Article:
Should Personal Trainers Be Licensed?

Some people have been injured by personal trainers.

Some people have been helped by personal trainers.

There’s a big gap between the skill level of trainers and there are some with very high level certifications that frequently hurt their clients. Similarly, there are trainers with very low level certifications who know the body very well. All of this raises the question, “Should personal training be regulated by a state license program?”

After all, state licensure is being pushed by the medically driven, ACSM and the NSCA so wouldn’t it ensure that personal trainers have strict guidelines to follow, thus provide perfect training for every client? Wouldn’t it mean that the very best science is being used to promote the very highest quality training? Shouldn’t we rely on the United States governing medical organizations for the best up-to-date information? Shouldn’t those we aren’t licensed be punished for giving advice contrary to the Doctors?

In my opinion, the answer is no. 

…and it is a very strong opinion.

Here’s the deal.

I was once entrenched in a one-thought, medically bound doctor and science mentality. I was a hard convert in to the idea of free-thinking and individualism for alternative health professionals. You see, personal trainers who purely seek to make people stronger are simply personal trainers. But those of us who seek to aid with nutrition, strength training, flexibility to increase quality of life cease to simply be trainers and become Alternative Health Specialists. I worked in cardiology for three years, physical therapy for three years, have a degree in preventative medicine …..I used to push/drink the medical kool-aid. However, after seeing the kool-aid’s lack of results, I began to research on my own and change my tune.

…and I have been very successful with it…

I can only begin to count the amount of clients I’ve been able to help with chronic pain, debilitating arthritis, “chronic” conditions with blood sugar and cholesterol, depression, addictions, etc. by betraying the medically sound chains I cut my teeth on. It’s part of the beauty of being an Alternative Health Specialist. I get to use tools from every train of thought to create what I feel helps my clients best.

I was angry when I found out that much of my college education on nutrition wasn’t adequately backed by studies. In fact, I found that most of what I had been taught was actually contrary to peer-reviewed studies. I was confused as I bounced through several training organizations and found that NONE of them held the perfect solution. I continue to be upset at the way big companies have the power to sway health organizations based on their money.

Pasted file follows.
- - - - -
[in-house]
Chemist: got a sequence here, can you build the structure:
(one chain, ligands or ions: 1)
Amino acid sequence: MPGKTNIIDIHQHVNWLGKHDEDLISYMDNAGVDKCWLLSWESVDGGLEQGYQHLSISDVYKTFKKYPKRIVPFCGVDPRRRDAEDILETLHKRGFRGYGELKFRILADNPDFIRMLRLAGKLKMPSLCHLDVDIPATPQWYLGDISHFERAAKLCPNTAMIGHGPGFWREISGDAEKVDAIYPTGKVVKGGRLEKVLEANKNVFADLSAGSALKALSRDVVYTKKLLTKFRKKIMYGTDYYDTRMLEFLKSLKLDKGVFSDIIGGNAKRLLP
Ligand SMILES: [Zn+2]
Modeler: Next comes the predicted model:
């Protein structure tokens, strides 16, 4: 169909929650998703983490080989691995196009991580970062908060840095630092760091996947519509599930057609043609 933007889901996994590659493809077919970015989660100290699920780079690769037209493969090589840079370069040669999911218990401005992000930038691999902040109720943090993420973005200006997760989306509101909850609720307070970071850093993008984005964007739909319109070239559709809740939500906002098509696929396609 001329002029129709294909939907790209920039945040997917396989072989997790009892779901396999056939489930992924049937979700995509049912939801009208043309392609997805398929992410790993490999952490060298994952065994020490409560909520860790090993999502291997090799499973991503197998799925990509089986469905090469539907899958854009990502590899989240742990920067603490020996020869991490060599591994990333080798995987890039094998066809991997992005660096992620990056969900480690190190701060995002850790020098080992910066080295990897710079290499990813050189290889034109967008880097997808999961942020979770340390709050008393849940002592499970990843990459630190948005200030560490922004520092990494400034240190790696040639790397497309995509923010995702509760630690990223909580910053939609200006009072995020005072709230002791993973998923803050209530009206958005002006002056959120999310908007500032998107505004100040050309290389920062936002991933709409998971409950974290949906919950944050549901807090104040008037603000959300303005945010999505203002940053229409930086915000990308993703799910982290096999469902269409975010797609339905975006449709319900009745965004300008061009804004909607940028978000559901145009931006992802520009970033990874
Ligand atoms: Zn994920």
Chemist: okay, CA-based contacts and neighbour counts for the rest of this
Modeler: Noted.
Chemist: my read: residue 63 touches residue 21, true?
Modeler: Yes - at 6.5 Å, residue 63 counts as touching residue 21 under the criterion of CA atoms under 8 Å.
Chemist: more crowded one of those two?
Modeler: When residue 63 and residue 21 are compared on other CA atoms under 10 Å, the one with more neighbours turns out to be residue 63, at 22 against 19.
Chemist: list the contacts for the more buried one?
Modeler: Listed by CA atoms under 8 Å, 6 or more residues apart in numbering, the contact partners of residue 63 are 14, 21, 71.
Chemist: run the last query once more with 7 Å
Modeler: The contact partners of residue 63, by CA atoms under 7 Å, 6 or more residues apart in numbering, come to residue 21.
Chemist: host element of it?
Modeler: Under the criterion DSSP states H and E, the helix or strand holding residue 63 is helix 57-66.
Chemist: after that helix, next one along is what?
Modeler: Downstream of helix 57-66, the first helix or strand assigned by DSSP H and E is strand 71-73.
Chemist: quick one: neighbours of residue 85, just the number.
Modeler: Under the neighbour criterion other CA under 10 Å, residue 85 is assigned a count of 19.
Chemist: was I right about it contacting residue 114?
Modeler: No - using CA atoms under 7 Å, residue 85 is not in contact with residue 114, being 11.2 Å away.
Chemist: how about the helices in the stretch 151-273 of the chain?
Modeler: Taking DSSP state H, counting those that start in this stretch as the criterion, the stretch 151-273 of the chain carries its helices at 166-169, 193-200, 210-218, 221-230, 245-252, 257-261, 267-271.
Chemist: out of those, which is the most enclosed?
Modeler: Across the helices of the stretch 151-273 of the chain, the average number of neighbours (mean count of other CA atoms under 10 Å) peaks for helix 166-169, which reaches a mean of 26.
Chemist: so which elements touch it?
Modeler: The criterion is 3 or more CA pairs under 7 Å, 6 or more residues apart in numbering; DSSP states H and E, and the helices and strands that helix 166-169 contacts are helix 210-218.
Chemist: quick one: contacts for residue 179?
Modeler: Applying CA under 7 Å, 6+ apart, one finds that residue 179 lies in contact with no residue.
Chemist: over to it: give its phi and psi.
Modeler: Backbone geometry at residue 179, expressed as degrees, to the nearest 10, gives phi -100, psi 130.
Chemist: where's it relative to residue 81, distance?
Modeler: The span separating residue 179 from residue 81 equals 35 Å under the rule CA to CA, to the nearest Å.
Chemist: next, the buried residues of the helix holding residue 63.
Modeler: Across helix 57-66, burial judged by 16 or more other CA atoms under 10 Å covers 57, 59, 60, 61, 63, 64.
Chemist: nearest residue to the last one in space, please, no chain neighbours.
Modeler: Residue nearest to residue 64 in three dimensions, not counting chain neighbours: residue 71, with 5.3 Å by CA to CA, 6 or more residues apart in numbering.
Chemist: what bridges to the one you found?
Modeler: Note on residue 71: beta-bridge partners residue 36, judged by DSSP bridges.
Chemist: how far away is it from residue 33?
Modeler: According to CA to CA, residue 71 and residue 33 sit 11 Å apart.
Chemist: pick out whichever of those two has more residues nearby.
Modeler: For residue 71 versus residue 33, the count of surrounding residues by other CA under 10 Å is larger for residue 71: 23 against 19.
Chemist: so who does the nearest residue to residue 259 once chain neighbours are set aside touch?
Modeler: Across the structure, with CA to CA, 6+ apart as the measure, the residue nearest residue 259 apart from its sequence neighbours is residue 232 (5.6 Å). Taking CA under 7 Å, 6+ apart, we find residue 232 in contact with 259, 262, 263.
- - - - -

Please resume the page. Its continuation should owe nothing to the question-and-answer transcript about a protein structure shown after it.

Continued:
I guess what I’m trying to say is that Alternative Health is an art and a science. My experience has been that licensing doesn’t make a program more sound or less individualized. Licensing alternative health fields simply leads to a program that’s been individualized to a single train of thought, which is ultimately based on a single people group.

Lets keep alternative health programs alone and leave the licensure to the doctors

CLICK HERE to read the original article that inspired this post.

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2 thoughts on “Should Personal Trainers Be Licensed?

  1. I have to disagree with your article. I was hurt working with a bad personal trainer. He held a training certificate but let it lapse. I have a permanent injury from working with him. I was 100lbs overweight, never worked out before and needed help. He was hired by a gym, apparently passed the back ground check and had a personal training certificate. At first, things were good. He left the gym to start his own training business. At that point we started lifting weights and this is when the problems started. He did not teach good form or technique, walked away during my workouts, was always on his cell phone, trained hung over or intoxicated. When I went to him with concerns, he called me “Untrainable” he was angry and aggressive. My injuries have cost me thousands of dollars in medical bills. At this point I have hired any attorney. With out any regulations, who is going to hold bad personal trainers responsible? What if I sue and don’t win? I will have thousands of dollars in legal fees on top of medical bills. This guy will continue to train until someone dies, with no accountability for his actions.. If you feel strongly about no licensing, I suggest that the next time you get your hair cut, teeth cleaned, a message, your wife gets a pedicure, you buy a hours, you book a vacation with a travel agent, or hire a security guard, pick one that does not have a license. Passing a bill to require a personal trainer is licensed, will protect the public and the good personal trainers.

    • Hi Debbie,

      I can definitely understand where you’re coming from.

      If we could pull back just a little bit from licensure to certification, let me ask you this.

      If a physician, dental hygienist, cosmetologist or travel agent let their licensure lapse and opened their own side practice in a separate building, would you still work with them?

      Or if any of the professionals I listed above did not use good technique, were always on their cell phone or worked on you hung over or intoxicated; would you continue to stay under their care?

      Does a license mean anything if the individual with the license lets it expire and clients continue to work with them?

      I’m sorry for your situation but I think there were lots of red flags with the individual that should have been indicators for you to go elsewhere. Also seems like they were red flags that would’ve popped up regardless of whether or not personal trainers were required to be licensed.

      I would love to hear your thoughts on this

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